Center for Excellence in Sports Medicine
The Center for Excellence in Sports Medicine is dedicated to treating and learning about injuries and conditions affecting young and growing athletes. In some cases, these injuries are acute, but other conditions may occur from repetitive motions over time. Common conditions we treat are osteochondritis dissecans of the knee, elbow injuries in throwing athletes, shoulder instability and dislocations and sports concussions. Many of our patients are still growing and this must be considered when treating young, active athletes.
Our research ranges from preventing sports-related injuries and conditions to identifying how to return an athlete back to sports safely after an injury or surgery. Our team of pediatric sports medicine specialists is focused on helping and encouraging children to be active well into adulthood. In addition to our local projects, we lead and work on projects with other pediatric sports medicine practitioners across the country. This allows us to study larger populations and collaborate to establish the best practices. Much of this work is done in partnership with peers in the Pediatric Research in Sports Medicine society.
Physician Members of the Sports Medicine Center
Jane S. Chung, M.D.
Henry B. Ellis, M.D.
Shane M. Miller, M.D.
Philip L. Wilson, M.D.
Research Staff Members of the Sports Medicine Center
Amanda Fletcher, R.N., C.P.N.P., R.N.F.A
Erica Force, Ph.D., C.C.-A.A.S.P.
Meagan Sabatino, B.A., C.C.R.P
Chuck Wyatt, R.N., C.P.N.P., R.N.F.A.
Aaron Zynda, B.S.
Sports Concussions - Patient Record Review
This retrospective study was designed to look at trends in removal from play, symptoms reported and time to recovery after a sports-related concussion. In the first phase, records for all patients seen by Shane M. Miller, M.D. for a sports-related concussion over a 10-month period were reviewed. The results from this phase indicate that 38% of the 185 young athletes (ages 7-18) reviewed had returned to play or continued to play on the same day they sustained a concussion. These athletes were more likely to report symptoms and that those symptoms were more severe when they arrived to the clinic for evaluation. Except for playing after sustaining an injury, there were no differences in these athletes with regards to age, gender, or sport they played.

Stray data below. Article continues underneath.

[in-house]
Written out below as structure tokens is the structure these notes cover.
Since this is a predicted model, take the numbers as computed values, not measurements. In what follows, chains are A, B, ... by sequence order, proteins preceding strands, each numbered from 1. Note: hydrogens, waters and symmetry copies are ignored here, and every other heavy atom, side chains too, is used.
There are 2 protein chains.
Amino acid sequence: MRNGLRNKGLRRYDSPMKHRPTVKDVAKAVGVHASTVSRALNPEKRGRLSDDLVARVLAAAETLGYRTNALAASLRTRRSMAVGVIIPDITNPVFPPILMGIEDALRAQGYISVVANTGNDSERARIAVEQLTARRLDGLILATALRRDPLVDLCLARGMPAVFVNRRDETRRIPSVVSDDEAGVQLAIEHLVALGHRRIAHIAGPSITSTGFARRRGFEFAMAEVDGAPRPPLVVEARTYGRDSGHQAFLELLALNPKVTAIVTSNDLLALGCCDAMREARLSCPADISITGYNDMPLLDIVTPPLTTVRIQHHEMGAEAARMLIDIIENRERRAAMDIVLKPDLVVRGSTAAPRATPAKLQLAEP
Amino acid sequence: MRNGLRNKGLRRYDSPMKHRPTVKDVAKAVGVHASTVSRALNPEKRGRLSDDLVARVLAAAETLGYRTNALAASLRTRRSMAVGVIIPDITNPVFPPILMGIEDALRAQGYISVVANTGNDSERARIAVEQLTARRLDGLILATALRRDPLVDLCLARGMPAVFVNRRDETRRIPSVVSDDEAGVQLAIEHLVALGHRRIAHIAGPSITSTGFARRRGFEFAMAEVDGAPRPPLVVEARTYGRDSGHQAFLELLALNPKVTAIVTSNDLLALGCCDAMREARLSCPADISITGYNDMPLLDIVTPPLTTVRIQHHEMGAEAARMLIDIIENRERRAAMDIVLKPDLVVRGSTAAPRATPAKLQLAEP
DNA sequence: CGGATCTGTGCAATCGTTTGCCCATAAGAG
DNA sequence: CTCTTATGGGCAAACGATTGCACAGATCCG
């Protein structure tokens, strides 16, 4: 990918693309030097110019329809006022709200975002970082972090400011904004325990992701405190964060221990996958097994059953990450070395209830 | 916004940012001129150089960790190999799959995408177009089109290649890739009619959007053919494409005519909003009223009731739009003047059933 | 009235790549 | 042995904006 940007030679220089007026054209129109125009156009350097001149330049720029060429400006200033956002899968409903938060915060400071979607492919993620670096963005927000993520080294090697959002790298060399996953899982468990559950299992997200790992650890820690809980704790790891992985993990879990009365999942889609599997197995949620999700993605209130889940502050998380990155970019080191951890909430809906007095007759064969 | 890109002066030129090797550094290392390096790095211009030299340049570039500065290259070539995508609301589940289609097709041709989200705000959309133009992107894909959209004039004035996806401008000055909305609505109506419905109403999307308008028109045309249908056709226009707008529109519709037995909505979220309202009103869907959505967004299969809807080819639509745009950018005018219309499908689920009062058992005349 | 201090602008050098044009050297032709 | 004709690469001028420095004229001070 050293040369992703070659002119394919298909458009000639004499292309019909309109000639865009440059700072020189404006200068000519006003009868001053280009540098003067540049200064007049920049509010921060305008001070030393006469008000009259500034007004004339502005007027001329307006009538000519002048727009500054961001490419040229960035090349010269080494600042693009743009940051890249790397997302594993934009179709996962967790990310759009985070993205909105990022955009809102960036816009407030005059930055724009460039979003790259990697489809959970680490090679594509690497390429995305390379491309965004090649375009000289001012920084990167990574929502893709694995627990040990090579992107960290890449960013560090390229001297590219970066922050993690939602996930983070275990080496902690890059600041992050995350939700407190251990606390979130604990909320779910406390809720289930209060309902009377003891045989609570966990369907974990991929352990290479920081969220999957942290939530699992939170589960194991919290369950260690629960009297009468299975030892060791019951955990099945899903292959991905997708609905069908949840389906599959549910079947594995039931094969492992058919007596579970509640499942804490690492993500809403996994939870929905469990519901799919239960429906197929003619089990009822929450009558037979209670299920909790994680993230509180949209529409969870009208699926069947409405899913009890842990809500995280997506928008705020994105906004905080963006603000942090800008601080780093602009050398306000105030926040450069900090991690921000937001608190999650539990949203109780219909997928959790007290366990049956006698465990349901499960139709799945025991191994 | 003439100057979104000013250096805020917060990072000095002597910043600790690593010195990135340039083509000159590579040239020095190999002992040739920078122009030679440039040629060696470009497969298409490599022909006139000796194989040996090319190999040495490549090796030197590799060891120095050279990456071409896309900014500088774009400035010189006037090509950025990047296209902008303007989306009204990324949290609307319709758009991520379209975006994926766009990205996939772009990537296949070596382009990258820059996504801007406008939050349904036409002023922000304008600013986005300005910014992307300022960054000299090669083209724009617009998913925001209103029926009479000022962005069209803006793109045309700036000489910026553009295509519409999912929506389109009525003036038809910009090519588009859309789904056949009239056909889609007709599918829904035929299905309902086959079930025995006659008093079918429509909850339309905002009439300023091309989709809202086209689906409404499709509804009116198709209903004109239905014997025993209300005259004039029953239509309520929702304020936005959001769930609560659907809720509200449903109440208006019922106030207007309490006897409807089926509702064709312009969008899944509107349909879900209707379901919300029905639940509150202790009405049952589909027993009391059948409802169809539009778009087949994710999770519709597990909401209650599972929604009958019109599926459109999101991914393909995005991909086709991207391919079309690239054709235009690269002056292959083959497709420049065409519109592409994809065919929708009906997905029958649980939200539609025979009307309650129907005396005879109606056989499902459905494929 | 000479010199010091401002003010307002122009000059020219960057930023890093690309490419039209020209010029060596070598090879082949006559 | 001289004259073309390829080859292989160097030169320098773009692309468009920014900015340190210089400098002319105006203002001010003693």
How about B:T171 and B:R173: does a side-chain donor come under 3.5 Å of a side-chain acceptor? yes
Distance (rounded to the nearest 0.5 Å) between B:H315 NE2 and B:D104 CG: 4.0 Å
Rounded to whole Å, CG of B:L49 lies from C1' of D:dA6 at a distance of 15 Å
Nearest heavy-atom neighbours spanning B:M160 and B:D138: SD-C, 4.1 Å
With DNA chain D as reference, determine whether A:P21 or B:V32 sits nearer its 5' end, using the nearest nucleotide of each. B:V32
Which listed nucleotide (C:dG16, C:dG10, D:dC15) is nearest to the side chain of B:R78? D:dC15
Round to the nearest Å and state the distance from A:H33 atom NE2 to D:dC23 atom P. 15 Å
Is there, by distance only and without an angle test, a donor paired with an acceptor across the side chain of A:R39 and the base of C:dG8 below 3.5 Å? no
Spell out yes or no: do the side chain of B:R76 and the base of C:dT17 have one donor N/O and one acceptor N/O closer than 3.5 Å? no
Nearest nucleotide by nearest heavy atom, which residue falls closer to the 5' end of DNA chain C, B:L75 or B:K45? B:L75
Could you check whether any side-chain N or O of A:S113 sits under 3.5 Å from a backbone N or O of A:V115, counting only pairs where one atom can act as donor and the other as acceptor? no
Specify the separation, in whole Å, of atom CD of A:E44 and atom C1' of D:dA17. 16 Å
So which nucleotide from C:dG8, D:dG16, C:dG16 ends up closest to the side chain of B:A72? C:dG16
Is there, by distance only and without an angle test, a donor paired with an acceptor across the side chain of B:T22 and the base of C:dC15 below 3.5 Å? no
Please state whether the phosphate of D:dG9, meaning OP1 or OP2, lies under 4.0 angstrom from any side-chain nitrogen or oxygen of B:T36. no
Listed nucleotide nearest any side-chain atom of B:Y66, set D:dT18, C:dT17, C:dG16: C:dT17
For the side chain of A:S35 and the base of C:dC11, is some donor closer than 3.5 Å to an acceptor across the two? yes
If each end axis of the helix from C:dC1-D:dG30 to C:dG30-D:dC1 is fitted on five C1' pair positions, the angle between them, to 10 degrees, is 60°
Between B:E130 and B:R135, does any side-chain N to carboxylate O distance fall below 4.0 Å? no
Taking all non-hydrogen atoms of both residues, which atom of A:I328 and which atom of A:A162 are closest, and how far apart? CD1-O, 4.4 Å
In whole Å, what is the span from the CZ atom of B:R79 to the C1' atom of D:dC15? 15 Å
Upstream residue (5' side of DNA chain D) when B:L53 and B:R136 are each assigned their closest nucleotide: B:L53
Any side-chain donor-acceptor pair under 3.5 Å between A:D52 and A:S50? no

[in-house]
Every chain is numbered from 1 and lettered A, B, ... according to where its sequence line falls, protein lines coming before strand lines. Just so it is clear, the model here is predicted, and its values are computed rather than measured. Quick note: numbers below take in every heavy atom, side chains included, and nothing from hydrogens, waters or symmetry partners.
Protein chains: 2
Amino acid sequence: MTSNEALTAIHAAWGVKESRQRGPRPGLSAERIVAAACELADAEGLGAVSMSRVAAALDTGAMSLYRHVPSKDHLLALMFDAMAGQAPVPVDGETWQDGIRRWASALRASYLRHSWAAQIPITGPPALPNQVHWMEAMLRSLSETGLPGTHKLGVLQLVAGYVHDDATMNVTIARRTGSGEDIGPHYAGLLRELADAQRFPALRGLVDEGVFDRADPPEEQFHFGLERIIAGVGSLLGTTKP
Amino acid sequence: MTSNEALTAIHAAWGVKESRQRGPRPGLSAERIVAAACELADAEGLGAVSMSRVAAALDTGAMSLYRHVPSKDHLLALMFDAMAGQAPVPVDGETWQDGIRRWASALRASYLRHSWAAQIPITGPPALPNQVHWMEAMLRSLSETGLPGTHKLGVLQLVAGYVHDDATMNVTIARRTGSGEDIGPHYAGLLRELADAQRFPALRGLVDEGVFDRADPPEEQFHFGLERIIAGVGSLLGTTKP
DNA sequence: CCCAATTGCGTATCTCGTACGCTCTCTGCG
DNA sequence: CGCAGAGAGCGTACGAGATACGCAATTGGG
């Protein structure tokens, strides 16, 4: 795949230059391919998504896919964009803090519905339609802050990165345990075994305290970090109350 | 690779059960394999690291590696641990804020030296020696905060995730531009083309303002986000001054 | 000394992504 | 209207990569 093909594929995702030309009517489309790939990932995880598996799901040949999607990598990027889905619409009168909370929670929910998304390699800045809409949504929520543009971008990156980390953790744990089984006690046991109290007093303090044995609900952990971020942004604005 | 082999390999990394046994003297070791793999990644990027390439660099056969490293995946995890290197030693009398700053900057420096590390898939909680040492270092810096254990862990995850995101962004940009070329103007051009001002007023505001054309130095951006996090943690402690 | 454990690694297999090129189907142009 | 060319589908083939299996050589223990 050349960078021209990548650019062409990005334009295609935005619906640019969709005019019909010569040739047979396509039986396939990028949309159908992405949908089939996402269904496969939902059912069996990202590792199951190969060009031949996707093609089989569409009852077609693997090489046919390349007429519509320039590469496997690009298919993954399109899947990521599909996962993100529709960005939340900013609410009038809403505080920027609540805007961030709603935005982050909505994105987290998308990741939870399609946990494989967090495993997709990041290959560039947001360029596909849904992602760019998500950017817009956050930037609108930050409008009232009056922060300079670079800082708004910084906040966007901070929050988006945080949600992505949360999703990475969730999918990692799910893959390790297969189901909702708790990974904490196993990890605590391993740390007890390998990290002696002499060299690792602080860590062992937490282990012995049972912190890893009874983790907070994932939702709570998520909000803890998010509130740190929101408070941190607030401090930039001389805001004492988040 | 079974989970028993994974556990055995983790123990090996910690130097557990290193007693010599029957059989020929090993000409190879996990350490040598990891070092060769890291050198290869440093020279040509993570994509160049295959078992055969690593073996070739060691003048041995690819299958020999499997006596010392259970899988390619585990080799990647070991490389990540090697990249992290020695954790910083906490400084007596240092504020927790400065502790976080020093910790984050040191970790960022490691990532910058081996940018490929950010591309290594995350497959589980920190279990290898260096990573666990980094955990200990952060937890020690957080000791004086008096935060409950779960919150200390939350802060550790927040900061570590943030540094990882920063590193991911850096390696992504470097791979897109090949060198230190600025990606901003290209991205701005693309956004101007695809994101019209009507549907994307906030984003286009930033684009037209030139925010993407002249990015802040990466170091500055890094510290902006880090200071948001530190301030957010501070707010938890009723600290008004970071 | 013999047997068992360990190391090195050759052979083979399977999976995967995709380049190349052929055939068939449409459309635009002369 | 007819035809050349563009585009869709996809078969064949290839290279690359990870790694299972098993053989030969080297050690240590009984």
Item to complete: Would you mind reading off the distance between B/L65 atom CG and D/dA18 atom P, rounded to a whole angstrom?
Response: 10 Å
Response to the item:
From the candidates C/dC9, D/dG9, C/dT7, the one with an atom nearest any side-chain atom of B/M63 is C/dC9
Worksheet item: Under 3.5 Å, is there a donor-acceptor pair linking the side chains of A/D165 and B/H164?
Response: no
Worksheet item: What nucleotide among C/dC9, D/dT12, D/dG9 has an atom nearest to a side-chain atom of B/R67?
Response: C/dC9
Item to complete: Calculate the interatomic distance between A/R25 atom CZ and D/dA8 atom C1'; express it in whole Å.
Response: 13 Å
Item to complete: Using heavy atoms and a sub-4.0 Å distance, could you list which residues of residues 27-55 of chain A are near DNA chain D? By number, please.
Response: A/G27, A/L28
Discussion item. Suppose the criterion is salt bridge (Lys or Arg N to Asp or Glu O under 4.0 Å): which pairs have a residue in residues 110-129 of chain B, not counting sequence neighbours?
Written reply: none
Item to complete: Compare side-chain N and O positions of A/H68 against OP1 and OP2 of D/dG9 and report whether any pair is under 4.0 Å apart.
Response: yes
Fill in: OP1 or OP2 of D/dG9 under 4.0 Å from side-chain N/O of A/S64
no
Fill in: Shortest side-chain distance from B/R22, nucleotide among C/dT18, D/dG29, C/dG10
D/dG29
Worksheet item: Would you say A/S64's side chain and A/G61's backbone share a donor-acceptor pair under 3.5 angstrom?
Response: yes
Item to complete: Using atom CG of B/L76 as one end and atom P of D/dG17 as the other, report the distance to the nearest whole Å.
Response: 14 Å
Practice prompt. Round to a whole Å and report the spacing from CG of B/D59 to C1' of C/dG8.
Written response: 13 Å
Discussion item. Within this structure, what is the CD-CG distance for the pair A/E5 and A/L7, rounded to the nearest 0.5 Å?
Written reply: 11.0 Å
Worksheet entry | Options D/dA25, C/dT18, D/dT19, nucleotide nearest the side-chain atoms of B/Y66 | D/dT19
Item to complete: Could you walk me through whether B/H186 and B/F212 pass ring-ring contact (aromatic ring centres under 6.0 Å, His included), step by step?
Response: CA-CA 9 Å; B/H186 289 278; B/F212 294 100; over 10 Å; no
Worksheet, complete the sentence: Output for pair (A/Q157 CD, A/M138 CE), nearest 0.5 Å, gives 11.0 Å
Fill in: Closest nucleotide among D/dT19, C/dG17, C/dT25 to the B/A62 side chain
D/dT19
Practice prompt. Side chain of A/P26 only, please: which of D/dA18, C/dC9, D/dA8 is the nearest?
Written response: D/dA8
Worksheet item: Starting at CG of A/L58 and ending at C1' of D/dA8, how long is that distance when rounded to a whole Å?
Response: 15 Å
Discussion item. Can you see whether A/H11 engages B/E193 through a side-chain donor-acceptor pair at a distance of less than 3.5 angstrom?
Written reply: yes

Our team has since identified additional questions we hope to answer in the next phase of the project. We will include a larger group of athletes and review additional data points with the purpose of understanding why some athletes return to play on the same day and others do not. We aim to use this information to educate the community, change behaviors and transform the culture of concussions in youth sports.
In the news: This study has been featured in several news publications, read more here:
HealthyChildren.org // Study Shows Same-Day Return to Play After Concussion Still Common Among Young Athletes
Boston Globe // Almost 4 in 10 Concussed Student Athletes Stay on the Field, Study Finds
Sports Concussions - Registry
The purpose of this study is to capture comprehensive, long-term data on patients with concussion and traumatic brain injury in collaboration with our local partners. Information gathered will include information prior to injury after the injury, and throughout recovery, and beyond. By collecting information on how injuries occur, type of sport played, management strategies during recovery, and treatments and outcomes, this comprehensive database will help to determine which tests, treatments, and services are most effective and result in the best outcomes. This evidence will be available to guide care for future patients after a concussion.